Administration revises policy and procedures manual

    Controversy over the revision of the staff manual on student matters has risen after the manual received changes while the majority of students were not on campus this summer.

    Policy and Procedure Manual 160-2, which governs access to student records and hearing procedures at UCSD, was revised by Director of Student Policy and Judicial Affairs Nicholas S. Aguilar this summer in response to revisions made to the UC-wide student records policy by the University of California Office of the President. Aguilar said he made the revisions to comply with the UCOP.

    Members of the A.S. Council allege that Aguilar’s revisions were unfair to students because students were not informed that revisions were going to be made and because students were not included in the revision process.

    “”It is extremely inappropriate for the administration to make such large changes without consulting the students,”” said A.S. President Jenn Brown.

    Members of Associated Students claim that by making the revisions during the summer and failing to include student input, Aguilar was trying to keep students in the dark. However, Aguilar argues that his actions were not designed to usurp power from students.

    The reason for the revisions taking place this summer had to do with the timing of the UCOP revisions, according to Aguilar. “”The UC policy on student records was revised in April — last spring — and it literally took me from April to June,”” Aguilar said.

    Aguilar also said that he did not include students in the process of revising the manual because of the technical knowledge needed to revise it.

    “”This particular PPM is very technical … it requires legal expertise in reading of regulations,”” Aguilar said.

    After revisions were made, the A.S. Council and the leaders of the Graduate Student Association were e-mailed copies of the revised draft. Members of the A.S. Council responded to the revision with an extensive list of problems they wanted changed.

    A major concern for the A.S. Council was the procedure students must undergo to appeal disciplinary decisions.

    The initial draft of the manual set a procedure in which students dissatisfied with the decision made by the original administrator assigned to his or her case could have the case reevaluated by another administrator.

    The new decision, however, would then be either approved or denied by the original administrator.

    “”The basic nature of an appeal isn’t being acknowledged if the decision being appealed is being addressed by the same person,”” Brown said.

    After responding to the initial draft via e-mail, the appeals process has been changed so that appeals do not filter through the original hearing officers. Aguilar said that “”most”” of the changes presented by the A.S. Council were made, and all were addressed.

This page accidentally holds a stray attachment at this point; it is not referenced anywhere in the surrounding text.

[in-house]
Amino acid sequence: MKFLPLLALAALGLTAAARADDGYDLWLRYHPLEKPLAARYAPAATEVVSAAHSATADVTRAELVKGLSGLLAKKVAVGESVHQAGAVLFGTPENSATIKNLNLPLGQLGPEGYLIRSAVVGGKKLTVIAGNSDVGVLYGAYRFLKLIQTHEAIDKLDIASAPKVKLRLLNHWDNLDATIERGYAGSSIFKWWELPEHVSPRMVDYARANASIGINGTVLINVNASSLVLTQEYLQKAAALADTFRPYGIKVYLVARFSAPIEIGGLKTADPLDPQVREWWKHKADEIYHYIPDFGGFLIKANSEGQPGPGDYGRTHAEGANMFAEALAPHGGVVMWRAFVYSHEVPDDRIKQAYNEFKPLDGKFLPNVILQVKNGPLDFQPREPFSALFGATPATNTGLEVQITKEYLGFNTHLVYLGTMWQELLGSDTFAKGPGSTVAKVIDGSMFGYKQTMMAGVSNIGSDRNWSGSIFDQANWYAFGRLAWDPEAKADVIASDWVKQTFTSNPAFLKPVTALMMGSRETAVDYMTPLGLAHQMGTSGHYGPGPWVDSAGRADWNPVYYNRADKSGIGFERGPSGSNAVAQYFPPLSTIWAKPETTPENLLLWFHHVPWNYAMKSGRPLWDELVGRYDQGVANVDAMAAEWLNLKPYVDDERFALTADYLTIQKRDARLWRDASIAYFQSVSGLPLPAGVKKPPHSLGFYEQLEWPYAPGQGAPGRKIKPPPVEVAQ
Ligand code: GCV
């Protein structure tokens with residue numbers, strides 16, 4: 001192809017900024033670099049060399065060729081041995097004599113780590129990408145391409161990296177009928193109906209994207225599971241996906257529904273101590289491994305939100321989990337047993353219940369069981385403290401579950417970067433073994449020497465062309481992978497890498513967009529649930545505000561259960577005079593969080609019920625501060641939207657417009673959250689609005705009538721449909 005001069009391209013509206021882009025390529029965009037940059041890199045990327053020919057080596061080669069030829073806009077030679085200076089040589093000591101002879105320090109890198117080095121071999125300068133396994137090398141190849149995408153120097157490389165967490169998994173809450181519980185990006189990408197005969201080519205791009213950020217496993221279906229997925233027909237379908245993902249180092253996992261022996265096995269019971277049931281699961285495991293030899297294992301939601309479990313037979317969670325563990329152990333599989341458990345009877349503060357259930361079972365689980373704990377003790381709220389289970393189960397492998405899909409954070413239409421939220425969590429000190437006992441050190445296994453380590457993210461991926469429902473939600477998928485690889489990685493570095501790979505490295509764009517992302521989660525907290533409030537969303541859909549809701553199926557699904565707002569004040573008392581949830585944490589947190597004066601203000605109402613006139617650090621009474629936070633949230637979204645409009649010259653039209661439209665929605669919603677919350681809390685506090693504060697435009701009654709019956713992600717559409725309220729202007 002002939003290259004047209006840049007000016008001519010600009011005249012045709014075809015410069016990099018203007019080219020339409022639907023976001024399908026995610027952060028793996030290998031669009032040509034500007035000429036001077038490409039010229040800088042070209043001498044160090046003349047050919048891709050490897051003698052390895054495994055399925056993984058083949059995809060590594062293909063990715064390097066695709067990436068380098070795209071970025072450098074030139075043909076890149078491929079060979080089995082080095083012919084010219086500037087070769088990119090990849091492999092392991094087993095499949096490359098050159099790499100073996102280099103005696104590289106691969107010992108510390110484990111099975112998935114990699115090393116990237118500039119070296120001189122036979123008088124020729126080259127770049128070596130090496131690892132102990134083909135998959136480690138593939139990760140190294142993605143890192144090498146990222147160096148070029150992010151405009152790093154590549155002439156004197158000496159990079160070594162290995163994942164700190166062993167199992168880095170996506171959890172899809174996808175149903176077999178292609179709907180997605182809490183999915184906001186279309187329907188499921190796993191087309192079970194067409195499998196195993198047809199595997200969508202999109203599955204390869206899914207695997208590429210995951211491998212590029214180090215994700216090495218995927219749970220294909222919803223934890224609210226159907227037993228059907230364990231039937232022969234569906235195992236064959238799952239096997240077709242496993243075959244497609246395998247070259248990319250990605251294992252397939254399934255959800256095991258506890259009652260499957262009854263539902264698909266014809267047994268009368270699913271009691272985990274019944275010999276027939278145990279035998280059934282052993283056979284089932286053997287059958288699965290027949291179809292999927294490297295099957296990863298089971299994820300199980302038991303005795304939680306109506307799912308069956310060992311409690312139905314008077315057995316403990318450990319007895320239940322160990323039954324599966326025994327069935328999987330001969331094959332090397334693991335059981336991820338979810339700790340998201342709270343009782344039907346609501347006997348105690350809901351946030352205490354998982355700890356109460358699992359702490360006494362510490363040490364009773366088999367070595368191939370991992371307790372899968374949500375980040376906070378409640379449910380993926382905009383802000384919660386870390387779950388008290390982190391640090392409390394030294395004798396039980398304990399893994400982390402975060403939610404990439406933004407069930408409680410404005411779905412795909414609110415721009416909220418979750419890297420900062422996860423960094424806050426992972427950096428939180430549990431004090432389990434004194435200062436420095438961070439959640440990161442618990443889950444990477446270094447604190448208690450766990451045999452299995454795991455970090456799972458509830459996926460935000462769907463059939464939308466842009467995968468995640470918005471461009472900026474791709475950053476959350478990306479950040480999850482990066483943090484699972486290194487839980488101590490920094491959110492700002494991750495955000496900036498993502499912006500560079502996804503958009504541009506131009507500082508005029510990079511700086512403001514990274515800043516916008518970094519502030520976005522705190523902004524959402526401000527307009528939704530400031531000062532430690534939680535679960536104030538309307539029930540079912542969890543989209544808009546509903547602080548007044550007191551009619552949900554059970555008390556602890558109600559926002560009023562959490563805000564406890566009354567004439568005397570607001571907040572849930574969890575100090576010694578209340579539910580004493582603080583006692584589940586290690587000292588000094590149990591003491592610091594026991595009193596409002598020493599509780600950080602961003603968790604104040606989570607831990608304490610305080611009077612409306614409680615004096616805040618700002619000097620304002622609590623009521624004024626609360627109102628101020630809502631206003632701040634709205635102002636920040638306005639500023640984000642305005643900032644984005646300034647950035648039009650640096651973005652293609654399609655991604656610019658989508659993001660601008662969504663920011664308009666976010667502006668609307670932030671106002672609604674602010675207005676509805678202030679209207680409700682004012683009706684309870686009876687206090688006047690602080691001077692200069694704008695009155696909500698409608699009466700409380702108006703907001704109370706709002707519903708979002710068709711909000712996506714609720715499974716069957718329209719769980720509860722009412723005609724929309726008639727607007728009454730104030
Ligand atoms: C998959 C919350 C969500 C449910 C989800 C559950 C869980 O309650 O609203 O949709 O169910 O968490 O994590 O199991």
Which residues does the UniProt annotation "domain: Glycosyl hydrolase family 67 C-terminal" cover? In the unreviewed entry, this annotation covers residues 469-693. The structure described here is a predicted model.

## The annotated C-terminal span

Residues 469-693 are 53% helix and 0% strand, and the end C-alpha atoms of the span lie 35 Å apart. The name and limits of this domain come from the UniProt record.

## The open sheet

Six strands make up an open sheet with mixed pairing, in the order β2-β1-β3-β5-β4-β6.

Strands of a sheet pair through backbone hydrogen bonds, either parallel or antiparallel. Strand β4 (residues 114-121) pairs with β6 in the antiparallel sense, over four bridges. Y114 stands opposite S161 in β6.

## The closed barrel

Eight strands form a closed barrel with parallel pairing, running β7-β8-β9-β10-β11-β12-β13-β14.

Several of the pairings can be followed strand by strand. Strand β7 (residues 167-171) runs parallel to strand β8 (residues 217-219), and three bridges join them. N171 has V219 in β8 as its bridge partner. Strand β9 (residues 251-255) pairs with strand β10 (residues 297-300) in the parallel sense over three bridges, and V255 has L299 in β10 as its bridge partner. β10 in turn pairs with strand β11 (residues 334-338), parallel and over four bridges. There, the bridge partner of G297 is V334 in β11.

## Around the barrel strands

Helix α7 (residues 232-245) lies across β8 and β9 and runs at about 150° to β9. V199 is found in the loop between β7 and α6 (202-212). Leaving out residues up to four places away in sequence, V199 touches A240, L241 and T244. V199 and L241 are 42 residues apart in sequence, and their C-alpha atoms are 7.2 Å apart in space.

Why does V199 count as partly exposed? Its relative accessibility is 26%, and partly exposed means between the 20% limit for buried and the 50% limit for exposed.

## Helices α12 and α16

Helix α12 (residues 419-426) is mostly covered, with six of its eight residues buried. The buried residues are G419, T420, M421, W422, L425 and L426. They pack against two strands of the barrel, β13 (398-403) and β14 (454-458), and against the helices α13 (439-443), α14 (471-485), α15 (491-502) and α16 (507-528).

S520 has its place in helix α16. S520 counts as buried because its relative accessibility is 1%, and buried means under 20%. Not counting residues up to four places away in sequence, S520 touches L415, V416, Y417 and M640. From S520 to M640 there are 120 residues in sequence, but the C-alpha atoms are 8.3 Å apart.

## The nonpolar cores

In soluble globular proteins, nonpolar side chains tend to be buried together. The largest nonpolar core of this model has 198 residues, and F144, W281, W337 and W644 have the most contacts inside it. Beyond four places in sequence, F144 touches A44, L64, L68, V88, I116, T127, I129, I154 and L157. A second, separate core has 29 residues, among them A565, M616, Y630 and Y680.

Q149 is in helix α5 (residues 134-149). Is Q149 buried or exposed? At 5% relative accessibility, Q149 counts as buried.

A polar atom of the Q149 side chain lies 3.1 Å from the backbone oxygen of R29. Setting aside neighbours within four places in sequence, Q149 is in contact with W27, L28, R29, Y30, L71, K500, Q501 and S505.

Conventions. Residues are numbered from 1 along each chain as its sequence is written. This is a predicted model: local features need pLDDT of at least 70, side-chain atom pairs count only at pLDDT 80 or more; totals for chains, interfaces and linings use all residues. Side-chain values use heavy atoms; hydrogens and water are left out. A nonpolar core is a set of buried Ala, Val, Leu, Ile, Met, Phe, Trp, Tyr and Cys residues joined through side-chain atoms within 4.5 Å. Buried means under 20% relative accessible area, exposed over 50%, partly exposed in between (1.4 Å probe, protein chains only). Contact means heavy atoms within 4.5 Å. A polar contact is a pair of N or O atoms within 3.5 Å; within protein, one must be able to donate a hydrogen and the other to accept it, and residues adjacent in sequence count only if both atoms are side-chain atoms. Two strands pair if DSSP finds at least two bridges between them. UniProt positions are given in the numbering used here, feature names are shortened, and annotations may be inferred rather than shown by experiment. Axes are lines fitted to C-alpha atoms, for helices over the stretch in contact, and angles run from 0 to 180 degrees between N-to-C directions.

Another change from the initial draft called for by members of the A.S. Council was the issue of student photos in the general directory.

    “”Although we could, we did not include photos as one of the items in directory information,”” Aguilar said.

    Initially, however, Aguilar did include photos as part of the directory. After meeting with members of the A.S. Council, the photos were removed from the directory.

    Currently, student photos can be accessed by faculty and staff members if the photo is needed to fulfill the staff or faculty person’s responsibilities.

    To access photos, a staff person would have to present his or her reason to the custodian of the photos before a photo can be accessed. Aguilar still does not know who the custodian of the photos will be or where they will be kept. This person, however, will be able to make decisions on a case-by-case basis as to whether or not a photo can be accessed.

    “”I don’t know who gets them or who keeps them or where, but whoever gets them or keeps them will be the technical custodian of that record,”” Aguilar said.

    The definition of what is an acceptable reason to access the photos is also a concern for members of A.S. Council.

    “”With no definition, there is no way to uphold the standard,”” Brown said.

    Arguing that photos should not be allowed to be accessed by anyone, members of A.S. Council believe that there is no relevant need for them.

    “”I am very against photos being accessible for faculty or staff,”” Brown said. “”Having photos accessible leaves students vulnerable to racial profiling and a professor’s whim.””

    Aguilar argues that photos should be accessible to staff for reasons like a professor wanting to make sure those taking an exam are the same students who are actually enrolled in the class.

    The new manual is currently scheduled to take effect Oct. 1. Questions about the manual can be raised with Aguilar.

    “”Anybody who has any questions about PPM 160-2 can feel free to contact me,”” Aguilar said.

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